A form of diegetic sound in which we hear the thoughts of a character we see onscreen and assume that other characters cannot hear them
One variation on the mental, subjective point of view of an individual character that allows us to see a character and hear that character's thoughts (in his or her own voice, even though the character's lips don't move).
A form of diegetic sound that comes from a place within the world of the story, which we and the characters in the scene hear but do not see.
The lip-synchronous speech of characters that are either visible onscreen or speaking off-screen, say from another part of the room that is not visible or from an adjacent room.
The act of telling the story of the film. The primary source of a movie's narration is the camera, which narrates the story by showing us the events of the narrative on-screen. When the word "narration" is used to refer more narrowly to spoken narration, the reference is to commentary spoken by either an off-screen or on-screen voice. When that commentary is not spoken by one of the characters in the movie, it is omniscient. When spoken by a character within the movie, the commentary is first-person narration.
Sound that emanates from the ambience (background) of the setting or environment being filmed, either recorded during production or added during postproduction. Although it may incorporate other types of film sound—dialogue, narration, sound effects, Foley sounds, and music—ambient sound does not include any unintentionally recorded noise made during production.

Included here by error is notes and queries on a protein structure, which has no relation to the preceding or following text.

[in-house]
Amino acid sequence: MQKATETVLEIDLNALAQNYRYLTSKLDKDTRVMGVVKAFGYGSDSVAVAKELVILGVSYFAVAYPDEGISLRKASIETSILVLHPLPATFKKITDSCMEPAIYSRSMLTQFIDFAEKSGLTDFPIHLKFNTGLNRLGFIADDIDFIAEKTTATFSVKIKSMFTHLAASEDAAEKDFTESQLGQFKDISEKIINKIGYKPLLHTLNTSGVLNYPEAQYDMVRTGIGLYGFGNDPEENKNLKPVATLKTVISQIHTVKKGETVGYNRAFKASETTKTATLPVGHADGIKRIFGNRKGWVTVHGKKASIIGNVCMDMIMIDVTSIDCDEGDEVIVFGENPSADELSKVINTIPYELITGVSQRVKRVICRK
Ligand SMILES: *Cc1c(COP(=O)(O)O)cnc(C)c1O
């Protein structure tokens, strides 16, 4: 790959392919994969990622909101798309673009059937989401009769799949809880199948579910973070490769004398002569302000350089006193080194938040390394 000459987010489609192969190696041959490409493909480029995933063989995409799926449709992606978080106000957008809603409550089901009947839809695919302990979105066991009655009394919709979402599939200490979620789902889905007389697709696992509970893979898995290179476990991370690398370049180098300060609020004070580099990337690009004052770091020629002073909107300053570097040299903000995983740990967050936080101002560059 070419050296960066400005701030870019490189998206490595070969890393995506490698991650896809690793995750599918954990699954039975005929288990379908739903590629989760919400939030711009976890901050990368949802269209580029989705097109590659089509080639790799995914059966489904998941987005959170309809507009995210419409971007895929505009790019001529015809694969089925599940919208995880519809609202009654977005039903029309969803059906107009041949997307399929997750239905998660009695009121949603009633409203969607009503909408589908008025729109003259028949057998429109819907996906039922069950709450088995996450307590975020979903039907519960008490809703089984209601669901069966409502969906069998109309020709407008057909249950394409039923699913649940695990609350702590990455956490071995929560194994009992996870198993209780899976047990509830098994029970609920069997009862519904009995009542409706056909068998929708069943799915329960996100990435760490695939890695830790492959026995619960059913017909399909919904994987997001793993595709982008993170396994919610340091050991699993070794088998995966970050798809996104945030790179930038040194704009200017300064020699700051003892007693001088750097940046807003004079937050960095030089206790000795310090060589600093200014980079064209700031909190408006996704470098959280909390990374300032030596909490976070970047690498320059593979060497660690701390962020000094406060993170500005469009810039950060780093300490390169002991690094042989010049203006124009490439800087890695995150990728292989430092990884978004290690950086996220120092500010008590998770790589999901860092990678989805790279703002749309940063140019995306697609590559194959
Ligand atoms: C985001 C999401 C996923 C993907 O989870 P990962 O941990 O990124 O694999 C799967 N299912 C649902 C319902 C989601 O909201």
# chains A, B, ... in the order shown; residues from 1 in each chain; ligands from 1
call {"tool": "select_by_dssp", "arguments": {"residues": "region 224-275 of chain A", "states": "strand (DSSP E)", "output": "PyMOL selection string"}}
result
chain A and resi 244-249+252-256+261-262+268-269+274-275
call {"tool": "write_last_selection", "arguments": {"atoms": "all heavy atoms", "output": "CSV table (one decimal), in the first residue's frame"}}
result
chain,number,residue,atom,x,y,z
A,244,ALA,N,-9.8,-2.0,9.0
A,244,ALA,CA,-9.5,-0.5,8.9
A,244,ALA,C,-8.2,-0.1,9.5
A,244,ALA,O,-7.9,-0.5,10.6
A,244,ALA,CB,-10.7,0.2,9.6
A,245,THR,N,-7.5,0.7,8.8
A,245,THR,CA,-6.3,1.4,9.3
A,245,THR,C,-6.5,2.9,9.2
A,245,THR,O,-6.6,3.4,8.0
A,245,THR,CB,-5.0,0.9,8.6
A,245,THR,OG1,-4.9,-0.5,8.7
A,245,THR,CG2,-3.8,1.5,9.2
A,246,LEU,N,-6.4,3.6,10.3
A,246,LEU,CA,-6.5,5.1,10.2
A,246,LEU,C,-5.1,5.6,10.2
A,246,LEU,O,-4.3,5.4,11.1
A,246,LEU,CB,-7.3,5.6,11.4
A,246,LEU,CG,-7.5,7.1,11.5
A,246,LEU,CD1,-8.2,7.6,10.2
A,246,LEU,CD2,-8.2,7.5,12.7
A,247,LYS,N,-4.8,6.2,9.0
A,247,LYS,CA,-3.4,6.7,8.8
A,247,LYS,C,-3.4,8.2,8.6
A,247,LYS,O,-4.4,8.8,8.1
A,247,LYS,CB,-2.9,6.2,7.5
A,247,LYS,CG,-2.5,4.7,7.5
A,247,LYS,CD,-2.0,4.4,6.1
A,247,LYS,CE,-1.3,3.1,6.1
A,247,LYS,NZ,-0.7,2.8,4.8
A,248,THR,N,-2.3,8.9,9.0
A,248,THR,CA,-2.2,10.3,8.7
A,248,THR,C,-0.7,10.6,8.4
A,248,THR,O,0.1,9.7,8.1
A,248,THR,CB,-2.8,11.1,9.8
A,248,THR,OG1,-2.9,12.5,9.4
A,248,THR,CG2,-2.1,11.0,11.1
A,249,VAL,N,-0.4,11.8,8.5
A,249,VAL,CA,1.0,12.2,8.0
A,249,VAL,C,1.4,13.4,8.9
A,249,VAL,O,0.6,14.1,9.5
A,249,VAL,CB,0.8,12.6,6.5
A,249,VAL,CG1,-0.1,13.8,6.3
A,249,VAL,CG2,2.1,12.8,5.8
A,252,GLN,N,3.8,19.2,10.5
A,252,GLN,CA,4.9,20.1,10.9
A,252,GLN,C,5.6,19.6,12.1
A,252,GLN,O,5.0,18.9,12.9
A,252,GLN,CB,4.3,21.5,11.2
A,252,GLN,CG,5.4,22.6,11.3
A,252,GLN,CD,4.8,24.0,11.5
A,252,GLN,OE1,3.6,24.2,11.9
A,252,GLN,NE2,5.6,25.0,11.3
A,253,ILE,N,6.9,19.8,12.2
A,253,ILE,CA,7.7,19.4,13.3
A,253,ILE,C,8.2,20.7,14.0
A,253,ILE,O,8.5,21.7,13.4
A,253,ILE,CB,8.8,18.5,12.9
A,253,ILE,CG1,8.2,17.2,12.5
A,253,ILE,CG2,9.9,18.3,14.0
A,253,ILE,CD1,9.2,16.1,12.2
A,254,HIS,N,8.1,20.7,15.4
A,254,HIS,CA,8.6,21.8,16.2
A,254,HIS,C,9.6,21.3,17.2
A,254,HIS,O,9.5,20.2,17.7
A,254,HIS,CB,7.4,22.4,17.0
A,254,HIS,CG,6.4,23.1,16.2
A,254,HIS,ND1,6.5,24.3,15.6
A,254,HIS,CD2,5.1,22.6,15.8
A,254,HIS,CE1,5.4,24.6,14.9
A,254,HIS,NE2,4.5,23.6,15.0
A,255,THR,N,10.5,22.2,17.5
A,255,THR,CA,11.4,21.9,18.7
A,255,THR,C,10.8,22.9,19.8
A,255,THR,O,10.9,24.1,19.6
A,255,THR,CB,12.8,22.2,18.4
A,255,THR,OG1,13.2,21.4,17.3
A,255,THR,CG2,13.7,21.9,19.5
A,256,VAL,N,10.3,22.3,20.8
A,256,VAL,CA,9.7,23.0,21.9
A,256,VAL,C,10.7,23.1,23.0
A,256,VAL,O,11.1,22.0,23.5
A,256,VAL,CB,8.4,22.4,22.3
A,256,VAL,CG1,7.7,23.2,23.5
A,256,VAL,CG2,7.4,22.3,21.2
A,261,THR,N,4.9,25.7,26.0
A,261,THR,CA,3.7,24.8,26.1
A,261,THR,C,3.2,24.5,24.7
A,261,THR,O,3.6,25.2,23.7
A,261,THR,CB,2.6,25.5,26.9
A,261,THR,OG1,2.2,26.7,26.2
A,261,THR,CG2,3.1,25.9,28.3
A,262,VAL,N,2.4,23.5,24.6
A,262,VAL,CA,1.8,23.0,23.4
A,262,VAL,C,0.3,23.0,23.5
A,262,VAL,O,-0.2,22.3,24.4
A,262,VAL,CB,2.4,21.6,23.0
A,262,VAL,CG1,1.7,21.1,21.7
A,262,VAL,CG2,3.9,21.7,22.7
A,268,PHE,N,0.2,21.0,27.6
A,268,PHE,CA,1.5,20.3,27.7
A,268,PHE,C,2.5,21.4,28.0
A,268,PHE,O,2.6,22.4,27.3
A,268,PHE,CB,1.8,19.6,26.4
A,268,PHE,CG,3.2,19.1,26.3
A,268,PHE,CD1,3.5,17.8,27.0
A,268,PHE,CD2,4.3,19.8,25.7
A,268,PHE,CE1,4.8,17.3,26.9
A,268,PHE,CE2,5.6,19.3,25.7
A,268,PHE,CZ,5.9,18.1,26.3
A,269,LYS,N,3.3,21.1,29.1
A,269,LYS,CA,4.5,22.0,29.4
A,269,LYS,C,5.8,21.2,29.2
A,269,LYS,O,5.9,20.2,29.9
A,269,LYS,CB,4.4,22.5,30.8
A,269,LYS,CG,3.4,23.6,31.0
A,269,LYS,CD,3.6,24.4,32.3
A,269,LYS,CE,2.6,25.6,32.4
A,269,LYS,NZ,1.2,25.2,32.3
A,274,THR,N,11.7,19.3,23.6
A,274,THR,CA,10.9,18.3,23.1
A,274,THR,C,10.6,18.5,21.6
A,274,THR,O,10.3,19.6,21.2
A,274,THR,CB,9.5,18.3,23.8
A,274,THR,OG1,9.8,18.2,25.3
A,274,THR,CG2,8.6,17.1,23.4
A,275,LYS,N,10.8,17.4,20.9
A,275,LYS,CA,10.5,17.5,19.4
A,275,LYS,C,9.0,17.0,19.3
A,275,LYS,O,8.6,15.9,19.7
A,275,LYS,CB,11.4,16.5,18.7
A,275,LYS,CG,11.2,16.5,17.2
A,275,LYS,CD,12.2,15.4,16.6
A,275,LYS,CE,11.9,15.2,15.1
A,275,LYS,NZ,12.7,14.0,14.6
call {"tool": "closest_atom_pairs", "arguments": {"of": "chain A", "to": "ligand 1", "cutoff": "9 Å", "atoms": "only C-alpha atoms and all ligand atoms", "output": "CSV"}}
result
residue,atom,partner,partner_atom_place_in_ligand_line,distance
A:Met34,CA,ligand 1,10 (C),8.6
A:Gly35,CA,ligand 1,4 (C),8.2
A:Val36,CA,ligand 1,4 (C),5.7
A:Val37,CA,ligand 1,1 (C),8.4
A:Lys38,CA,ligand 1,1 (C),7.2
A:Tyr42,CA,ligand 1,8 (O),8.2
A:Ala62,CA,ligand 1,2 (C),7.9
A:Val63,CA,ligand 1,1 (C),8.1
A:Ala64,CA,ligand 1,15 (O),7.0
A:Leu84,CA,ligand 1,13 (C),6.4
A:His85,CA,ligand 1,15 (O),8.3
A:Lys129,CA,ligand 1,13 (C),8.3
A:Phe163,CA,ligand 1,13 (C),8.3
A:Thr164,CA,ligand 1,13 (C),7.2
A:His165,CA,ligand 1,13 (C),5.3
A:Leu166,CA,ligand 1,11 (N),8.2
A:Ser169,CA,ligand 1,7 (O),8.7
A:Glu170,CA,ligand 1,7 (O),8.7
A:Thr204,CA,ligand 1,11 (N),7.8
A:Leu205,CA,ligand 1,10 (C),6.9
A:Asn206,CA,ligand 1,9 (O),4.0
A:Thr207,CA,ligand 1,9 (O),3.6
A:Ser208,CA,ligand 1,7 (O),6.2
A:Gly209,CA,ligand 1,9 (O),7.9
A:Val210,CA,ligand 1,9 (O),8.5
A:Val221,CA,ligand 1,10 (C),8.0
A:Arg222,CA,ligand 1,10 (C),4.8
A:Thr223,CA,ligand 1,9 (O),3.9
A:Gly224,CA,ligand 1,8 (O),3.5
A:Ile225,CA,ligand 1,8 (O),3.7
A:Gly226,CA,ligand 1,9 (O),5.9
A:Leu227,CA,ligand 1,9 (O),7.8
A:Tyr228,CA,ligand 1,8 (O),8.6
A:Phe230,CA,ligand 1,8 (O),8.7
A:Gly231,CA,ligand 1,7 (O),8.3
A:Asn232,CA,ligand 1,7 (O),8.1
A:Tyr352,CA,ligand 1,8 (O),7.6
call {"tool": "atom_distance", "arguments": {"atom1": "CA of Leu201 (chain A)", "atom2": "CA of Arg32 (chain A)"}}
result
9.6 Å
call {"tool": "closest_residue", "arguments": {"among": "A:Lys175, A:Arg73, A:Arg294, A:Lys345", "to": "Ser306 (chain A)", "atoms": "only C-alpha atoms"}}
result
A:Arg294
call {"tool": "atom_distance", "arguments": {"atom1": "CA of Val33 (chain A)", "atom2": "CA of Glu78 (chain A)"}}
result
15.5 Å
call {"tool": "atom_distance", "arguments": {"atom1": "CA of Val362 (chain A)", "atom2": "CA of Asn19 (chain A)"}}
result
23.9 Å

A sound artificially created for the sound track that has a definite function in telling the story. All sound effects, except those made on electronic equipment to deliberately create electronic sounds, come from "wild" recordings of real things.
a special category of sound effects invented in the 1930s by Jack Foley, a sound technician at Universal Studios. Foleys are created and recorded in sync with the picture. To do this, the technicians known as Foley artists have a studio equipped with recording equipment and a screen on which to view the movie as they create sounds in sync with it. Foley artists use a variety of props and other equipment to simulate everyday sounds - such as footsteps in the mud, jingling car keys, the rustling of clothing, or cutlery hitting a plate - that must exactly match the movement on the screen.
Also known as a sound bridge. Sound that carries over from one shot to the next before the sound of the second shot begins.
Sound production consists of four phases
design, recording, editing, and mixing